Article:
1. Nesta says:

    It really bothers me that you always say that the station agents “are under no legal obligation to leave the booth to stop a crime”. You never mention the fact that they will be fired no questions asked if they left the booth because of the extremely strict TA rules.

    • What bothers you about that statement? It’s been supported by a New York court, and it’s a defense of the station agents in a way. They take a lot of guff for doing nothing when in fact they can’t and aren’t expected to do anything.

      • Aaron says:

        Is what Nesta said true, that they’re not allowed to leave the booth even in the above-described emergency situation? If so, that certainly changes the appearance a bit from “may choose not to leave the booth” to “is unable to leave the booth.”

        • John says:

          Exactly. If what Nesta said is true, I think Ben should word it differently too. Saying they’re under no legal obligation to leave the booth makes it sound like they could leave if they wanted to, but they just choose not to. But if they would actually be fired if they left the booth, that’s a different story.

          • Nesta says:

            That is what I was trying to say. The way Ben always words it is that the station agents CHOOSE not to leave the booth. This is not true, the TA rules do not allow them to leave the booth. This is a rule that if broken gets a worker fired.

          • petey says:

            agree entirely with this. ‘under no legal obligation to leave’ has a very different ring.

    • Tacony Palmyra says:

      A station agent at York Street last year noticed that I was examining the local street map on the wall, and helpfully got out of his booth to show me directions to Water Street in DUMBO. I guess he was violating TA rules and could have been fired for it? I was astounded and impressed with him. It’s unfortunate that the only time a station agent has ever helped me was apparently an egregious violation of TA policy.

      • Nesta says:

        He was most likely a “roving” station agent. They are supposed to be out of there booths most of the time but most weren’t.

  2. Alon Levy says:

    Homeland Security has never a particularly smart or competent agency; it’s more interested in harassing people than in reducing the amount and impact of terrorism. This is just the latest.

    • petey says:

      and it was a gross expansion of the federal government’s size and intrusive power. where were the tea babies then?

  3. Ed says:

    Homeland Security is a collection of smaller agencies, whose main interest before 2002 was in harassing people. The creation of Homeland Security simply allowed them to coordinate their activities, and to harass people more effectively.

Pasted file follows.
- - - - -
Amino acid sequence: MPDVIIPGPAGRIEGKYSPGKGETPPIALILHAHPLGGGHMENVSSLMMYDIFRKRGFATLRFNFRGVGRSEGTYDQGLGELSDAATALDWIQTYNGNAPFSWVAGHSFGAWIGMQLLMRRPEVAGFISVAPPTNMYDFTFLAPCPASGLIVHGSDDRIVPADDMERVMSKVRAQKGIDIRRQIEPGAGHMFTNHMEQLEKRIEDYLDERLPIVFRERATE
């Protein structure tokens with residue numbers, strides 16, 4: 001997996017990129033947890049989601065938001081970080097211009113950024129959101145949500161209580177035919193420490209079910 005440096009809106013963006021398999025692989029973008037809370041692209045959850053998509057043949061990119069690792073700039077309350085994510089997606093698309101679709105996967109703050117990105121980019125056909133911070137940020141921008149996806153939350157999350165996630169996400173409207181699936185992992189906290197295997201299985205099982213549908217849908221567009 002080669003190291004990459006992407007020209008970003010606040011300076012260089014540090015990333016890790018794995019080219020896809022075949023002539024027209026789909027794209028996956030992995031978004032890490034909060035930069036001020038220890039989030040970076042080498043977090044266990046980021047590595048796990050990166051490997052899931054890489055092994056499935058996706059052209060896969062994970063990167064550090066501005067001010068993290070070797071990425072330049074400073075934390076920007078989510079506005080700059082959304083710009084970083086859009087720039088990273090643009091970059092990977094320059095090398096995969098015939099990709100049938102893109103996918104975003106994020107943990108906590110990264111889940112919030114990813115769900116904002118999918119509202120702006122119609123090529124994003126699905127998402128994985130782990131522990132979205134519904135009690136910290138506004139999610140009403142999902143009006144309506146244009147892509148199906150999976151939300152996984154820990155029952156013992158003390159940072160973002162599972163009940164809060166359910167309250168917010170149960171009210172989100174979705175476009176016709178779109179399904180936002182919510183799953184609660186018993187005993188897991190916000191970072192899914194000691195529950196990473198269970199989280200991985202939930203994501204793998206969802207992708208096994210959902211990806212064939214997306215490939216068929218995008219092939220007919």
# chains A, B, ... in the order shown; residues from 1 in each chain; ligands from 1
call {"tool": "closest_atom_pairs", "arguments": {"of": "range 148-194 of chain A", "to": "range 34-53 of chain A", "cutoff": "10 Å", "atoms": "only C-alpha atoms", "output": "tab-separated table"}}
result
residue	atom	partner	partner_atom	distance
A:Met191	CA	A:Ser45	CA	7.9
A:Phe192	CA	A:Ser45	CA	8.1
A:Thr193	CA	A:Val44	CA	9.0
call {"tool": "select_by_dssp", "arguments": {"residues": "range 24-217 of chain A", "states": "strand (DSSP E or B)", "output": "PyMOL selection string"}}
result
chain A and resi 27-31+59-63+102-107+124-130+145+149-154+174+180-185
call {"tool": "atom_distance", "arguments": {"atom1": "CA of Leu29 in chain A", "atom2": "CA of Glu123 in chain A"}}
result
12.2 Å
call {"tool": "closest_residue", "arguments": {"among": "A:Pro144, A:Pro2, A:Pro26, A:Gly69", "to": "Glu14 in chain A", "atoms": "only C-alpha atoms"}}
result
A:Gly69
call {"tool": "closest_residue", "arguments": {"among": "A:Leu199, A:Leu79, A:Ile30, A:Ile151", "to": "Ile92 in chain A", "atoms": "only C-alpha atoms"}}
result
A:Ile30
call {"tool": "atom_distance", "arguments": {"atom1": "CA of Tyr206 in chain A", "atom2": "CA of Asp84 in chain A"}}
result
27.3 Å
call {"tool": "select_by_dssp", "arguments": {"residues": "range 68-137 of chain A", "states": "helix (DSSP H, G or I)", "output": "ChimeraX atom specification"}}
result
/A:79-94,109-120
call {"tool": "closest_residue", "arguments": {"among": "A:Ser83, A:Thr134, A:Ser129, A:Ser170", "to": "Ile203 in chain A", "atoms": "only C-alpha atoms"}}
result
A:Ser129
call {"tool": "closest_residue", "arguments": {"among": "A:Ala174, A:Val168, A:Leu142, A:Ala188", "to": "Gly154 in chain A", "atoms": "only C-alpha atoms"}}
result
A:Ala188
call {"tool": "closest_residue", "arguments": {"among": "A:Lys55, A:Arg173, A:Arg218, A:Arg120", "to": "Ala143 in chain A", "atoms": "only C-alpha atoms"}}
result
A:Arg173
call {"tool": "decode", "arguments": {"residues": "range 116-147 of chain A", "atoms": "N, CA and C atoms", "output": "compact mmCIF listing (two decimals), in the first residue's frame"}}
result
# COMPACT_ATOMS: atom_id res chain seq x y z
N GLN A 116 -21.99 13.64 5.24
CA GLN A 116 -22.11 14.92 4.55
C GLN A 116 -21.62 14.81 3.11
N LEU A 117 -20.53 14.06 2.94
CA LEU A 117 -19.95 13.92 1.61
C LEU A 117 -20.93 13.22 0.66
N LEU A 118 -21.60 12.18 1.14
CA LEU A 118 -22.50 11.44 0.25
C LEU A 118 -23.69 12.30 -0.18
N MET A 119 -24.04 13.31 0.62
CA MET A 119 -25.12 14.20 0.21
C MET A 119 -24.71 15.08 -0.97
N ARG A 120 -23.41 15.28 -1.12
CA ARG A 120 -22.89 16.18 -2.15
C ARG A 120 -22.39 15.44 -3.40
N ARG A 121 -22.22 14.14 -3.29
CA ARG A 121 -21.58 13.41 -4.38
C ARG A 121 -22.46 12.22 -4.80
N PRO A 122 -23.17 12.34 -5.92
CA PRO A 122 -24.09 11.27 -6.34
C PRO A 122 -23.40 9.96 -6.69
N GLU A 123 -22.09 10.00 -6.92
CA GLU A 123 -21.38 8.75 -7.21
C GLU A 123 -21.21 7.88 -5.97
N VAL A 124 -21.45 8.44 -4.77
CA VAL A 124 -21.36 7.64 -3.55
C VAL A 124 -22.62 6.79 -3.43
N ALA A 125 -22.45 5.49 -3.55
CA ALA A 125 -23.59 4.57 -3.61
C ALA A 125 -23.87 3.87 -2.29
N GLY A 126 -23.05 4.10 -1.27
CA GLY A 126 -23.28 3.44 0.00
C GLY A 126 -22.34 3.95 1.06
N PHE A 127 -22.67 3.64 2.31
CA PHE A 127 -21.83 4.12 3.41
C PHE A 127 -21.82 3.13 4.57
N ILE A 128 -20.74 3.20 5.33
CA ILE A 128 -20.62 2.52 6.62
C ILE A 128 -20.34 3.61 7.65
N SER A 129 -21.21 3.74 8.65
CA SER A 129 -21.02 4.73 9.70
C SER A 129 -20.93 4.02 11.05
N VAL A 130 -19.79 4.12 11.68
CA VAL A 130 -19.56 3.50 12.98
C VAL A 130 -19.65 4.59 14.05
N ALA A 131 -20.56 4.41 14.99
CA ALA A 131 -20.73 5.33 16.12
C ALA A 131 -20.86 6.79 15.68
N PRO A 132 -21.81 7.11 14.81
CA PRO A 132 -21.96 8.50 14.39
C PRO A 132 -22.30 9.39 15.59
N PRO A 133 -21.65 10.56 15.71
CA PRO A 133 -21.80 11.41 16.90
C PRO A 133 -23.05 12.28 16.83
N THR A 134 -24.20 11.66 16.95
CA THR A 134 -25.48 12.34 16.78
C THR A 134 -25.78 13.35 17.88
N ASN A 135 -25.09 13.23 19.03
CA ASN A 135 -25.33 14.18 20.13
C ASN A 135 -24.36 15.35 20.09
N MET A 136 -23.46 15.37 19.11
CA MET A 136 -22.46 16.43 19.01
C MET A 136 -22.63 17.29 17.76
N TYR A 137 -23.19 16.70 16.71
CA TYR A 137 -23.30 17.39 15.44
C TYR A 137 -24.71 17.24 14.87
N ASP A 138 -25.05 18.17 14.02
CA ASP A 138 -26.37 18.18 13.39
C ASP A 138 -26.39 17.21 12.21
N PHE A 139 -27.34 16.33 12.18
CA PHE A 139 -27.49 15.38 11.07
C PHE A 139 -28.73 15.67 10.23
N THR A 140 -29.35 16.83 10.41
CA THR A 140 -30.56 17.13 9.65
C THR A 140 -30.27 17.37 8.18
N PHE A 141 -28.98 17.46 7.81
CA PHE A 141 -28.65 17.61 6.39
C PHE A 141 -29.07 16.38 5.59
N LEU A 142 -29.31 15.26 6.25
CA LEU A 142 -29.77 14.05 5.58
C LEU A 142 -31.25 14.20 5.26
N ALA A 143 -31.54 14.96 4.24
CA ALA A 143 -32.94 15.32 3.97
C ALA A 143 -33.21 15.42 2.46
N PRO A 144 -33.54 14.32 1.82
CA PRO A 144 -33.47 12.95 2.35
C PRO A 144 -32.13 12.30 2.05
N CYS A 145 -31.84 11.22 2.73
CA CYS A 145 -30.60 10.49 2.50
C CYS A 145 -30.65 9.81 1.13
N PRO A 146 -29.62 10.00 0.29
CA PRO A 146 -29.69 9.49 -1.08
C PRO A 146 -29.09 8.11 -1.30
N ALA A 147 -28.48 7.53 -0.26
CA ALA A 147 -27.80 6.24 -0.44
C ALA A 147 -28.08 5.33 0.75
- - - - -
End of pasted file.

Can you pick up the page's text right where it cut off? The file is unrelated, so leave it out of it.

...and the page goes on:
4. Kid Twist says:

    Unions–especially transporation unions and public sector empolyee unions–are among the biggest contributors to both Yvette Clark and Sheila Jackson Lee. This is exactly what I’d expect these two to say.

  5. Rod says:

    What Nesta said is true. If you are outside the booth for any unauthorized reason on your tour of duty is grounds for termination.

  6. Rod says:

    Heck, we have to get permission to use the bathroom

  7. Al D says:

    The state city and feds are always requesting something of the MTA. Well that’s fine, but provide the funding to go along with it. Isn’t the MTA the least funded (as % subsidized) of every transit agency in the nation? Yet, MTA carries soemthing like 1/4 to 1/3 of ALL transit riders in the nation.

  8. Jehiah says:

    I believe the image you use at the top of this article is actually a camera used by the train conductor to know when doors at either end of the platform are clear, not one used for security purposes.

    • Lucien says:

      That is correct.

    • Yes. You’re right. Those cameras are primarily for the conductor, but they serve a security purpose too.

      • Andrew says:

        I don’t think so. They’re aimed at a part of the train that isn’t directly visible from the conductor’s window, and they’re hooked up to a monitor right outside that window. The image isn’t recorded or transmitted anywhere else, and the camera doesn’t rotate or swivel (that would defeat its purpose).

  9. Son of Spam says:

    I’ve doubted the station agents’ ultimate impact as a deterrent because they don’t leave the booths and are under no legal obligation to stop a crime in progress, but people may be deterred just by their simple presence